“It’s a challenging time right now. Initially it was just the record label, a little bit of DJing, and then medicine. I could just about manage to do that without having a social life and not getting to exercise, because there’s only so many things you can fit into the day. The first thing is I had to realize if I wanted to do all these things, I had to make some cuts, some sacrifices. I knew it was more short-term. I told my friend group I would reduce the socializing to put more of that time towards this. The other thing was that I would try to be as efficient as possible when working. In medicine the volume is so vast. I’d finish a 9-5 day at University, and instead of going straight home to eat and watch TV, I’d go straight to the library and do 3 1/2 hours of work to make sure I was up to date. Time management is key.
I bought this journal as soon as I started the record label. I basically wrote my priorities down – work, health, music, and social life, and I ranked everything from 1-10. But I didn’t just do it for one point in time, I also separated my following three to four months into phases and how those elements would change. I guess it was more of a visual aid to maintain priorities and balance. I also created a timeline. This was more for my mixes when I started DJing. It basically stated what I wanted to achieve and how I’d get there, and breaking everything into achievable goals. That’s how I’ve operated.”
It may seem like minutiae, but itemizing your goals is a great way to achieve them. The overarching goal of becoming a famous DJ is abstract and difficult, but winning a DJ contest or having a mix featured is a much more measurable goal. While Kishan has a clear vision of what he wants to do musically, he recognizes that his education is key, and success in music is a far more fickle beast. Since he has also already devoted a good amount of time toward his studies, he believes it would be foolish to abandon it, as music will always be there. At Tomorrowland he even received some sound advice…finish that degree.
“The biggest struggle is time. My main challenge is learning how to balance everything. The second one is how important is music to me, how important is medicine to me? In terms of priorities, that’s my dilemma. As much as I love music, I recognize it is difficult to make a successful career out of it unless you’re one of the few people who make it very big and sustain that. I’ve already put a lot of time into my degree so it would be foolish not to finish that. It would give me more stability. I’m not looking for a quick solution; I’m thinking more long-term.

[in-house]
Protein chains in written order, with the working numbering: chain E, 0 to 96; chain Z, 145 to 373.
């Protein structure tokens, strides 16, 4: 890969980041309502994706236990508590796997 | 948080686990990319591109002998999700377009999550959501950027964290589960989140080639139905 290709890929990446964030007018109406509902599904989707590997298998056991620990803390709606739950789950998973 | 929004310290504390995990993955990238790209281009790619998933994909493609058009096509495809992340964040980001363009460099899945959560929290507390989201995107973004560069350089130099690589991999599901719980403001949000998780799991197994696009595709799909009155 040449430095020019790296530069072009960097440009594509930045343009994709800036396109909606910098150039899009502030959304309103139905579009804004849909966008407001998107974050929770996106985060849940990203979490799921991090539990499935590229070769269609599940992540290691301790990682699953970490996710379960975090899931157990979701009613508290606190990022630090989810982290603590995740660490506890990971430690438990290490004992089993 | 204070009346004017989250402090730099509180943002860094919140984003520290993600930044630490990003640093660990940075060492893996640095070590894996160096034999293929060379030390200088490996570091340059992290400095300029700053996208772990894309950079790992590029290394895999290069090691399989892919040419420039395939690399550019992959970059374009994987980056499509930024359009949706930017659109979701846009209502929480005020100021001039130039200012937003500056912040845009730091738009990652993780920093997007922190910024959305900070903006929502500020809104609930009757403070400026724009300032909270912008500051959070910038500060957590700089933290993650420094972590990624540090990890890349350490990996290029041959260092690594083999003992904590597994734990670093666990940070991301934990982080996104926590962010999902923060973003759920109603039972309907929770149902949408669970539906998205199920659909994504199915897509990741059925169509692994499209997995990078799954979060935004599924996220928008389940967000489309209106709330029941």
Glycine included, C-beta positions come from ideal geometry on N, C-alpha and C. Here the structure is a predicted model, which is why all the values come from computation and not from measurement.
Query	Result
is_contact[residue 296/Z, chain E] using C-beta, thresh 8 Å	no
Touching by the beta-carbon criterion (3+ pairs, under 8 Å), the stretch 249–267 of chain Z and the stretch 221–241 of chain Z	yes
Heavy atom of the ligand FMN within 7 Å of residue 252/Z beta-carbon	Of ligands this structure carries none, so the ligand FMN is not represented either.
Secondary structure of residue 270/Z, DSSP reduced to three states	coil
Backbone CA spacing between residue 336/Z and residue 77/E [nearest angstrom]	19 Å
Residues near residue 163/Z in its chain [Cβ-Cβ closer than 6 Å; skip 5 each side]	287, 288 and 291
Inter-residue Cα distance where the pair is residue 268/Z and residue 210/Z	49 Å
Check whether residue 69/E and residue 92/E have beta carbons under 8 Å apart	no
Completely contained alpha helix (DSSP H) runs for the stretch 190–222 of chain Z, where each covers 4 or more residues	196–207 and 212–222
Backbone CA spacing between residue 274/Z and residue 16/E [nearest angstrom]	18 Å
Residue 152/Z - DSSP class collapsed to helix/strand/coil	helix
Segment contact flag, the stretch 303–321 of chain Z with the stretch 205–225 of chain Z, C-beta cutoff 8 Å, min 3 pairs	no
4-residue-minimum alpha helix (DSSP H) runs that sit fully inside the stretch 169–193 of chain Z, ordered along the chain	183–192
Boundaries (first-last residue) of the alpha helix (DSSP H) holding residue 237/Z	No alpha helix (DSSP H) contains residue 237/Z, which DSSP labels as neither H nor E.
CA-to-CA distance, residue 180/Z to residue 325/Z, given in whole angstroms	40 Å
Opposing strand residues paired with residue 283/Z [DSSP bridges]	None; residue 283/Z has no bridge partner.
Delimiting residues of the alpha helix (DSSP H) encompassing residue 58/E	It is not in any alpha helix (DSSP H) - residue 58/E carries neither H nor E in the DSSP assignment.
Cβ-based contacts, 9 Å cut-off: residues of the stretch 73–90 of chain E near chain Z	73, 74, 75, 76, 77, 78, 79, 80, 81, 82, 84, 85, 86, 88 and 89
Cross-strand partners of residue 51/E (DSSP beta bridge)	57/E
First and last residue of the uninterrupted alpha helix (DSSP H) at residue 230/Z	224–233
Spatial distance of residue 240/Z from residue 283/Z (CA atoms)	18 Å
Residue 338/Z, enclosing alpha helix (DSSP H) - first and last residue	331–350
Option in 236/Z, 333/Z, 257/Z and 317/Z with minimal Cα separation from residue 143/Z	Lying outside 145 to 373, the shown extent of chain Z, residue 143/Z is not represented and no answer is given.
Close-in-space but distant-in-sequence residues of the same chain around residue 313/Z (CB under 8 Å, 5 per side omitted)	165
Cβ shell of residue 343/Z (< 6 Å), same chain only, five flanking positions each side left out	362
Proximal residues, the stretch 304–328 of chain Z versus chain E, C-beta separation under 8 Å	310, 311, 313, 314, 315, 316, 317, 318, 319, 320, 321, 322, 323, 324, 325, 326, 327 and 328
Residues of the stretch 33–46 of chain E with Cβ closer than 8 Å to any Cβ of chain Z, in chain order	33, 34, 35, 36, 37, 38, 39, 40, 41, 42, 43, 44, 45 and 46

I met Tigerlily at Tomorrowland and her biggest piece of advice to me was to finish my degree. I was quite shocked by that. I thought someone who had made it big would say follow your dreams, but yeah, I think sustainability is a major goal for me.”
Kishan has worked very hard and has put himself in a wonderful position. He’s going to have a great career whether it is in medicine or in music. And that’s one of the great things about music, and electronic music especially, is that the door is open to anyone to try and make an impact. Even if he never plays another gig in his life, performing at Tomorrowland is such a huge milestone. Go out and chase your dreams. If you feel there’s not enough time, find a way to make some. While time is finite, we must make the most of it, that’s what Kishan is doing.
“I went to Creamfields with one of my best friends in Summer 2015. I asked him, “Do you think I could play at Creamfields next year?” He said, “Yes, I think if you put your mind to it you can.” That really inspired me. I haven’t played at Creamfields, but I have played at Tomorrowland. If my friends didn’t support what I was doing, come to my gigs, I’d be playing to strangers. What I love to see at festivals is my friends…that’s a really good feeling when your friends are on your side.”